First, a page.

Tips for Writing Your Own Wedding Vows

Bride and Groom Giving Speech at Wedding

Let’s get one thing straight – the repeat-after-me vows recited at many weddings are still special, and going that route isn’t anything to feel bad about. But if you’re reading this article, then you’re at least interested in writing your own and making them more personal and meaningful.

But maybe you don’t like writing, don’t know where to start, or fear that your words won’t be good enough. Penning such special words for an incredibly important day might feel overwhelming, but when you break it down and take it step by step, you’ll find that writing your own wedding vows can be an enjoyable process. And once you’ve written your personalised verses, you’ll have a unique set of memories and promises to share with your one and only.

To help you get started, I’ve put together some tips on how to write wedding vows that will have your partner laughing, crying, and feeling like the luckiest person in the world.

Talk it Out

First and foremost, you’ll want to let your partner know about your intentions and make sure you’re both on the same page, which means penning your vows as a duo. That doesn’t necessarily mean writing them together; you can keep your sentiments a secret until the big day. But you’ll want to discuss tone, length, and personal details you’d like to include with your fiancé, as well as subjects to stay away from.

You’ll also want to notify your officiant to make sure it’s okay that you recite your own vows. Some places require that you include/recite parts of the traditional vows, while others forbid personalised vows altogether. 

Write it Down

Set aside plenty of time to think about what you want to include in your wedding vows, otherwise you’ll find yourself in panic mode, which won’t lead to quality writing.

Dedicate a notebook to your vows or start a private computer document to take down notes, thoughts, and inspiration to help you build your verses. Feel free to snag inspiration from other couple’s vows, poems, songs, quotes, etc. Sprinkle in your own words, special moments, memories, future hopes and dreams, what you love about your partner, how you’ve supported each other, and the promises you vow to keep throughout your marriage. 

The point isn’t to write the perfect vows at this stage or worry about word length, but to get your thoughts on paper. You’ll organise and edit later.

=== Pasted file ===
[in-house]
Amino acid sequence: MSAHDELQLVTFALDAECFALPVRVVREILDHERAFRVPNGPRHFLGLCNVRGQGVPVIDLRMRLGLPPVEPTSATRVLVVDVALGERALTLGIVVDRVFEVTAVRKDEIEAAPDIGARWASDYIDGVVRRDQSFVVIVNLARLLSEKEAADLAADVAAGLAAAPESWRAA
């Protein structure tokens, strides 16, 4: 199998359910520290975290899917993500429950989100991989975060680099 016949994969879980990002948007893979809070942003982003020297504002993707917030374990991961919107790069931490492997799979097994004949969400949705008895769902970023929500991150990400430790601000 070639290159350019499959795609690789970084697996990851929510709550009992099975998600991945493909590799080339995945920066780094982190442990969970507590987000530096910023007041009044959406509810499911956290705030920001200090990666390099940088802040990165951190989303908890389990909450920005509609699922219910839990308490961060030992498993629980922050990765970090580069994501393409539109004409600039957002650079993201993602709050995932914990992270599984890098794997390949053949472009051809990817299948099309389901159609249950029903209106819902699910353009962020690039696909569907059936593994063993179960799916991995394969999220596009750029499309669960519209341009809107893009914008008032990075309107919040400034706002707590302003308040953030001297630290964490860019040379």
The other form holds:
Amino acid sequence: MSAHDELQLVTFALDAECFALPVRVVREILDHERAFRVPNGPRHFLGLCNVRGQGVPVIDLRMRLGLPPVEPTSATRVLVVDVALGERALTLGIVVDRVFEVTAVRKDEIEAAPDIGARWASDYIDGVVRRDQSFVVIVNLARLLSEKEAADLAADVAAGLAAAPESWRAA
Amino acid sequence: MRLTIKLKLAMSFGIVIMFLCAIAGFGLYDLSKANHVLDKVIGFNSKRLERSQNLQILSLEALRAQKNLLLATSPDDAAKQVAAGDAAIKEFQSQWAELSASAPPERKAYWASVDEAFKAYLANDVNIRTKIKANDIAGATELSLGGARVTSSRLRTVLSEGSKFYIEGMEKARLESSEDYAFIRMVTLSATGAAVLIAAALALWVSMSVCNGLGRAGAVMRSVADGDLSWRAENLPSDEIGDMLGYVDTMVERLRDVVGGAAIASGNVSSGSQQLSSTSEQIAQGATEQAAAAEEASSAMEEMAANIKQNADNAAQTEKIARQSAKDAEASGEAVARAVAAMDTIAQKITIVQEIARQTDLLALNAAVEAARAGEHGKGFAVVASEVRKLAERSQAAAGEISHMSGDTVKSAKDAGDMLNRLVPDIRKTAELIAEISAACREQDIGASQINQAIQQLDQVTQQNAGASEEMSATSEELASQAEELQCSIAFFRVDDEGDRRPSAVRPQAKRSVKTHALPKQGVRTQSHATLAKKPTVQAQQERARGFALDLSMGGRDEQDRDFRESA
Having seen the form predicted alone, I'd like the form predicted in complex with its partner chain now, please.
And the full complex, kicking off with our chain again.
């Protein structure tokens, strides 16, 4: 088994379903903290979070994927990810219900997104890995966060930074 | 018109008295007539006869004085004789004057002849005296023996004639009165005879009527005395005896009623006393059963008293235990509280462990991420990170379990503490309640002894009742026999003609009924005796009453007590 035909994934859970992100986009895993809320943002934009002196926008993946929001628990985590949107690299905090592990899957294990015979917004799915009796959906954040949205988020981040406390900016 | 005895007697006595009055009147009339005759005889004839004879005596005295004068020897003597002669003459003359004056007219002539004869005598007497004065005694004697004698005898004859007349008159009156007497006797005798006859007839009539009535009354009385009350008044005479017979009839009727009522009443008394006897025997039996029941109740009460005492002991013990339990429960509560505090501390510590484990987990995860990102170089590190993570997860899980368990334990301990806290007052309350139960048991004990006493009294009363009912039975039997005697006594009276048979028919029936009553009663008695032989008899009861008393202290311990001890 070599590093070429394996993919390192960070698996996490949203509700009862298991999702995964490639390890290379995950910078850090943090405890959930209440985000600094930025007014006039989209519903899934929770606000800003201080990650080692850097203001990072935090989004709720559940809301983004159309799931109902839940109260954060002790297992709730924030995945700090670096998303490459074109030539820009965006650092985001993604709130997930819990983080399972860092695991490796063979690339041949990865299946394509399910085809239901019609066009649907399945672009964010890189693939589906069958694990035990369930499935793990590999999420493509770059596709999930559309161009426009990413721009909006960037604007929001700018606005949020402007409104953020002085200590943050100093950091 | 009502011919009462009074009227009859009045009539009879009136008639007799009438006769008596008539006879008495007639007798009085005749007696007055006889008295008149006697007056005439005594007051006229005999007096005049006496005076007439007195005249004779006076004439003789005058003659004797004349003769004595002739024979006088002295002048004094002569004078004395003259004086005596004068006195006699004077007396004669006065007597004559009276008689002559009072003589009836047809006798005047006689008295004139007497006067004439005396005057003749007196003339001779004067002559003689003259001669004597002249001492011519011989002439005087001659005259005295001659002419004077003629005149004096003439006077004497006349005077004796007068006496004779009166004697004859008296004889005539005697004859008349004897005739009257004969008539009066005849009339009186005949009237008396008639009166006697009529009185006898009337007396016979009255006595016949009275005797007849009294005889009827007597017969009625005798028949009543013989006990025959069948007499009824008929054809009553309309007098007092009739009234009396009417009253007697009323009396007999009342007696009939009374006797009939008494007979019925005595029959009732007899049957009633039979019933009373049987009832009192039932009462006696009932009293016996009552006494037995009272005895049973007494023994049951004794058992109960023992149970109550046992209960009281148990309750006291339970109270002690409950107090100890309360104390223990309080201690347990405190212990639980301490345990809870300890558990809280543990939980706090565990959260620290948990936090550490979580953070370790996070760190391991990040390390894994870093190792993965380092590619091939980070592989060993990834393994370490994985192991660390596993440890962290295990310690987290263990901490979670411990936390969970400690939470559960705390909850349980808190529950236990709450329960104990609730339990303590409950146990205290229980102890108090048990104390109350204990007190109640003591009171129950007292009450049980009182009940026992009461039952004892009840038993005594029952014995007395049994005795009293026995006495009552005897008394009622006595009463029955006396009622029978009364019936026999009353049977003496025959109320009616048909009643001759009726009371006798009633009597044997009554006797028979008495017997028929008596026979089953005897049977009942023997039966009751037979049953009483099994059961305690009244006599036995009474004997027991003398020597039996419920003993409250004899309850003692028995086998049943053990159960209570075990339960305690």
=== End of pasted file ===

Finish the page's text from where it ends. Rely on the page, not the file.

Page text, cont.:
Write Your First Draft

Now it’s time to take all of the notes you’ve made and rearrange them into a cohesive template that expresses your love. A good outline to follow:

  • Affirm your love
  • Praise your partner
  • Offer promises
  • Final vow

The Knot has some great examples of real life wedding vows to help you see how this template flows and to inspire your own.

Edit and Finalise

In the editing stage, you’ll want to aim for a length of 150-300 words or 1-2 minutes of speaking time. Your vows should be heartfelt, but concise, and make sure your anecdotes are short, sweet, and easy for guests to understand and follow. Save the private jokes, lude comments, and sarcasm for the letter you’ll give your fiancé before the ceremony.

Practice Out Loud

Practice reading your vows out loud to make sure everything flows and to give you a sense of how things will sound and how long the speech will be. Make any tweaks you feel are necessary. If you’re sharing with your partner before the wedding day, read them out loud with each other, and practice looking into each other’s eyes as much as possible. If you’re keeping your sentiments a secret, you can look into a mirror to practice eye contact.

You don’t have to be a great writer to pen your own wedding vows. Authenticity is what matters most. Writing from the heart and speaking from a place of gratitude and love will far outweigh words written only to impress others.

Check out more of my helpful tips and resources for your wedding day. Or if there’s something I haven’t covered, get in touch and ask away!